He was almost done with this second letter to Palǎjân when a servant called him for dinner. Andêhostai, thinking that Bêlûzdâzlai would very likely come and eat with his family, went down to the courtyard where they ate in a “tremendously distracted state.” But Bêlûzdâzlai was not there. He had asked for his dinner to be brought to his room, where he was still reading. Andêhostai desperately questioned the servant who brought Bêlûzdâzlai his meal about what he had seen, but the servant could only shrug and say that Bêlûzdâzlai was looking at papers and seemed just as grumpy as usual. After dinner, Andêhostai returned to his letter to Palǎjân, and once he had finished that, he tried his best to go to sleep.

In the end, Andêhostai had to wait another full day to find out Bêlûzdâzlai’s verdict. Finally, in the morning two days after he had delivered the manuscript of Narâzas and Fezêrlas, Bêlûzdâzlai called for him to come to his room. Andêhostai wrote later that day to Palǎjân:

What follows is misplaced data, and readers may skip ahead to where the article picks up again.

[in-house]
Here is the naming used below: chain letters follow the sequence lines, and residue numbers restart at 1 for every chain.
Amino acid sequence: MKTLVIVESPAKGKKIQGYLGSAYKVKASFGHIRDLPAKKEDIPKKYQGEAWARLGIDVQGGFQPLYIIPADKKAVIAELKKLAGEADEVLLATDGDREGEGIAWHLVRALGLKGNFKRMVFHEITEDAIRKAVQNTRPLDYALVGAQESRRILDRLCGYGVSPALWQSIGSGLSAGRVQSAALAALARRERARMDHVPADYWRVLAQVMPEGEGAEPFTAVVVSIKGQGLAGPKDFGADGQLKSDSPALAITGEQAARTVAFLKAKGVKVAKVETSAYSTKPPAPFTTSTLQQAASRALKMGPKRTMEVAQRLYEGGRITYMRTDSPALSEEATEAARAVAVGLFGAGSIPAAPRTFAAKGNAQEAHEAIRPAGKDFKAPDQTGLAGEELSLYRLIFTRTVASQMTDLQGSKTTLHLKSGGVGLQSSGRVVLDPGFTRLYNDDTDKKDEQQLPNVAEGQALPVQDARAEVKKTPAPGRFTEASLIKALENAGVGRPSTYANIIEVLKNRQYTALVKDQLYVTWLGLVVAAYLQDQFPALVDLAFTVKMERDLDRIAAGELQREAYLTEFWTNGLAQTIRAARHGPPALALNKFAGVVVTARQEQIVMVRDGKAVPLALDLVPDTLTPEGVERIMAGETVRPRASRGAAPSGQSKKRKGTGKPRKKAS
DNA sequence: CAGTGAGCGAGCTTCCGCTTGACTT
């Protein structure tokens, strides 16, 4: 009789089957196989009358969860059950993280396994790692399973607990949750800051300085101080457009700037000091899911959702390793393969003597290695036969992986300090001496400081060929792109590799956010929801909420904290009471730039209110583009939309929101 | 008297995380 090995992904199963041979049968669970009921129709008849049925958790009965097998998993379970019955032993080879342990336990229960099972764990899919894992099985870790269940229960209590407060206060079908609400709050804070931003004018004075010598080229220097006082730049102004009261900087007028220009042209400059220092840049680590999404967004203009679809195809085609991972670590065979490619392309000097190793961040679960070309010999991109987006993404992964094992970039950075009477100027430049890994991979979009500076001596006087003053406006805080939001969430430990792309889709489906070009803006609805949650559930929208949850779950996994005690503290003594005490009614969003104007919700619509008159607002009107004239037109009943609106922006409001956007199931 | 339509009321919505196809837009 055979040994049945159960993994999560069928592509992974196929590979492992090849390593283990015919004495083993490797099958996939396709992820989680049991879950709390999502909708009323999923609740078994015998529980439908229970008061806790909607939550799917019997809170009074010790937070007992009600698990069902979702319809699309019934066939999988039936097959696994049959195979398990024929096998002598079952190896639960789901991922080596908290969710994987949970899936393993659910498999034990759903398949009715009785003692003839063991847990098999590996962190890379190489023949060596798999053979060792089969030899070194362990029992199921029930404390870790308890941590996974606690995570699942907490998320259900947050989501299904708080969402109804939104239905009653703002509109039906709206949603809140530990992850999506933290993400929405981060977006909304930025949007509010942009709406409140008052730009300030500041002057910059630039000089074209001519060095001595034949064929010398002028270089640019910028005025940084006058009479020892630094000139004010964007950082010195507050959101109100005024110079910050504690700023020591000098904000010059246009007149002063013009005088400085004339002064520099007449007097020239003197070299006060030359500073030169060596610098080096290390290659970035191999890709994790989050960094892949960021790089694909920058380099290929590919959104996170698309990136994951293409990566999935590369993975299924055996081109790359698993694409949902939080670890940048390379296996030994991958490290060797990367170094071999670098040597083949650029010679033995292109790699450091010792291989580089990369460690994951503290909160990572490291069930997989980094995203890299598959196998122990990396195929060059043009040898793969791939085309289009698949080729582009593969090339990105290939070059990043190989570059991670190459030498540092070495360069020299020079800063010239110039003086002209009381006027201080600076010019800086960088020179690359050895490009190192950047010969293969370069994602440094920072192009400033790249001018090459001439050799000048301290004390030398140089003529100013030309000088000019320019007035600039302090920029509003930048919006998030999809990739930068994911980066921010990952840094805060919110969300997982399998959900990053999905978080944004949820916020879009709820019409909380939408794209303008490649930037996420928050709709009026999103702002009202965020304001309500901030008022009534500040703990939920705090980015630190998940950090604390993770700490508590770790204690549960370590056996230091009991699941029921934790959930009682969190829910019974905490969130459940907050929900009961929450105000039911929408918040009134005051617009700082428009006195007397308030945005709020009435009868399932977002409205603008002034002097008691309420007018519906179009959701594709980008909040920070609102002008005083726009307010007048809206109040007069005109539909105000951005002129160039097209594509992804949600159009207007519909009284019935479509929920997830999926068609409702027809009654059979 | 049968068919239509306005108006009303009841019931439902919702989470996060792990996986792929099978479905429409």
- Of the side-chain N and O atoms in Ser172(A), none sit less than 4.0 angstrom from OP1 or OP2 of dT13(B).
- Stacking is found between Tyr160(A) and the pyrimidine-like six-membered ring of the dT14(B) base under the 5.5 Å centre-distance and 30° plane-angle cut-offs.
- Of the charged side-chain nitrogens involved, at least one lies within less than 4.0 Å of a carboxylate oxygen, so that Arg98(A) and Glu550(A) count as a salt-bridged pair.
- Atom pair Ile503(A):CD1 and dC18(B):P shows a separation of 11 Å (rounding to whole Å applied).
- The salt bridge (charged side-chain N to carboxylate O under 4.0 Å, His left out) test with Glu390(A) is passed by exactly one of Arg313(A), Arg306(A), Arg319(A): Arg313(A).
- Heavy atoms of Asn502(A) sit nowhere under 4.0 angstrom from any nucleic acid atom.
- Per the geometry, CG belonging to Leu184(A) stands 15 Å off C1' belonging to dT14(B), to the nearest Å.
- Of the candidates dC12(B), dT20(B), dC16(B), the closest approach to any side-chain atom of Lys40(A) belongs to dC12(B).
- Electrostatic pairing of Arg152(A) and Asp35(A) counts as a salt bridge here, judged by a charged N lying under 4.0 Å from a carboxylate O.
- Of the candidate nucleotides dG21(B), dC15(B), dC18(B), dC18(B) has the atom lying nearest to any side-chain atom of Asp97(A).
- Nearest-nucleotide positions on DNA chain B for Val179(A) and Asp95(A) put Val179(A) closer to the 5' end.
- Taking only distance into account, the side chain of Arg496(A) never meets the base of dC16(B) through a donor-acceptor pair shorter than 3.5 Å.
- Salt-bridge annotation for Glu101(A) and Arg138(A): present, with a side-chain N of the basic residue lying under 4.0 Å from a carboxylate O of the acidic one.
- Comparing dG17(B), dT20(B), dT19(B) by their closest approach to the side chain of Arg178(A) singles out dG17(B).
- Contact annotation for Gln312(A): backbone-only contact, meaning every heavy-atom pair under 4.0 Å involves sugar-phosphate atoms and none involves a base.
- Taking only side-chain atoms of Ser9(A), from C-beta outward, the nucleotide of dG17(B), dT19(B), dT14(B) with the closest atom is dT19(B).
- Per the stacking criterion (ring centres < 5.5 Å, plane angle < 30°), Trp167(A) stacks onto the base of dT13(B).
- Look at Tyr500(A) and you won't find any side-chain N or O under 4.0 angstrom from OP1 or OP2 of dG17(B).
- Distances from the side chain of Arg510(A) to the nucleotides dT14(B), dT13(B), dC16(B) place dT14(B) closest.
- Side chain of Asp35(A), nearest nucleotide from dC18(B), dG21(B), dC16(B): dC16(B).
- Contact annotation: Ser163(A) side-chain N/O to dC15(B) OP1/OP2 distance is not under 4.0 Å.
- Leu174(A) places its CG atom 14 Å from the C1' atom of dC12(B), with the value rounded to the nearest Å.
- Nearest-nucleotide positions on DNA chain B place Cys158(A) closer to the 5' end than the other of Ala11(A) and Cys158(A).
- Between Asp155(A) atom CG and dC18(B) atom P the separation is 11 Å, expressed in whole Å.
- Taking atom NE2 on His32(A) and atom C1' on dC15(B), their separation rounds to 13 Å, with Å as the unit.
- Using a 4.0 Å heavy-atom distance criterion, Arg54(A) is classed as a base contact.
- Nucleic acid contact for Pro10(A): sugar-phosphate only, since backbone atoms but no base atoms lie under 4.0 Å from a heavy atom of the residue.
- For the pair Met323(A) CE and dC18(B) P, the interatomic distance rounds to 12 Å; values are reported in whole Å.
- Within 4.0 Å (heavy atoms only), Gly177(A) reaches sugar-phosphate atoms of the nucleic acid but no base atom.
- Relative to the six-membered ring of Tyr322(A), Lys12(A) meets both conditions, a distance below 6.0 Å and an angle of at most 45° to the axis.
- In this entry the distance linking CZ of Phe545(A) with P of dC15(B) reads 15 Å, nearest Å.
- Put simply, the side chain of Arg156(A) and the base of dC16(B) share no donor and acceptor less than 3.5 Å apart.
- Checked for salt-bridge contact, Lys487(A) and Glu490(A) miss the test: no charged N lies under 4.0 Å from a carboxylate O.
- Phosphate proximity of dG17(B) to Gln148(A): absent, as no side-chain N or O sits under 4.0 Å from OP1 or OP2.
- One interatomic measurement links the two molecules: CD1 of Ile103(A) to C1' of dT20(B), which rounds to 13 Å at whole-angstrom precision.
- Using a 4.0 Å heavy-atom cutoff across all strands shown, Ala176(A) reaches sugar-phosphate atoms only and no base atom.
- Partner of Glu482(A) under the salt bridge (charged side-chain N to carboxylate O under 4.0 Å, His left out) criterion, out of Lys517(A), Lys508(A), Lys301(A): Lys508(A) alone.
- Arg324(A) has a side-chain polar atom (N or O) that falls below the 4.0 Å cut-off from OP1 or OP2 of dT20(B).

I entered Bêlûzdâzlai’s room and stood there in front of him. He was sitting on the floor with my manuscript in his lap. He had big stacks of papers and books on either side of him. One stack was topped by his dictionary; the other was topped by his [grammar book]…He took a deep breath and said, “Well, my son, I have read your poem. I must say that when I began I was quite alarmed. I’ve known about your…habit” (I could feel the word “bad” perched in his mouth there, passed over but kept ready at hand) “of writing tuôlenǎ for some time, despite what you might think, and I was concerned at first that you had come up with some grand idea about combining the two, epic poetry and tuôlenǎ. And you know what our dear Lǐshlai says about grand ideas” [here is a quote from The Call of the Firebird about pride, one that Bêlûzdâzlai often quoted at Andêhostai when he showed arrogance as a young man] “But…well. Your poem isn’t perfect, you know,” he said, very businesslike and stern all of a sudden, but it made me feel a little glow of warmth…because I know him very well, Palǎjân, and I know that he always does that before he praises me, because he always has to qualify any compliment he makes. That’s just who he is. But anyways, this all flew through my mind in the brief breath before he said, “but…well, then I read this,” and he quoted a piece from near the beginning, a piece that I have very much wanted to show you, Palǎjân, but which I can’t until my performance of the whole thing. Let me just say that it is a piece from the meeting of two friends, but after one has been greatly changed. [It’s from the place where Narâzas first meets Surila in her bird form.] So Bêlûzdâzlai read this piece of my poem to me, and he read it very well, and then he was quiet for a moment, and he said, “My dear son, I have been part of your life for a very long time, and I honestly do not know how you know what such a meeting feels like. But somehow you managed here to push through all my annoyance and alarm and all my fine critical capabilities, all my filters and walls and glasses over my eyes, and echoed something inside me, and so you got inside of me. And my dear Andêhostai, at the end of the day, that is all that matters in art, isn’t it? I don’t care what color the painter uses; if he can make me start and see and realize something in myself, he has done the great thing, he has fulfilled his art. I don’t care what instruments, what forms, what keys and notes and harmonies the composer uses; if his music reaches inside of me, if it gets past my mind and my cold judgment, that is all that matters, isn’t it? Now of course there are colors and instruments and so on that are superior for certain things, and your poem is not all perfect, not at all, and very often it reaches past me and over me and – ” And suddenly, Palǎjân, he leaned forward and bowed his head before me and touched my feet with his hands, and I felt like I was in a dream, and I felt like I was Tebî in Thesolǎi Kulas’s The Quests of Bêkiair and something was being offered me that was too beautiful and too grand and too humbling for the person offering it for me to accept it, and I gasped and said to him, “Please, Qǎhai – !” and then I said, “Tell me what I did wrong!” and he sat back and sighed and said, “I wish I had your [heart].” And then he swallowed and composed himself and began pointing out all the mistakes I had made. It was very thoroughly unsettling, Palǎjân, and I still feel like Tebî when I think of it. I am afraid that he thinks I am better than him at writing poetry. Maybe I know now why you are afraid to write anything.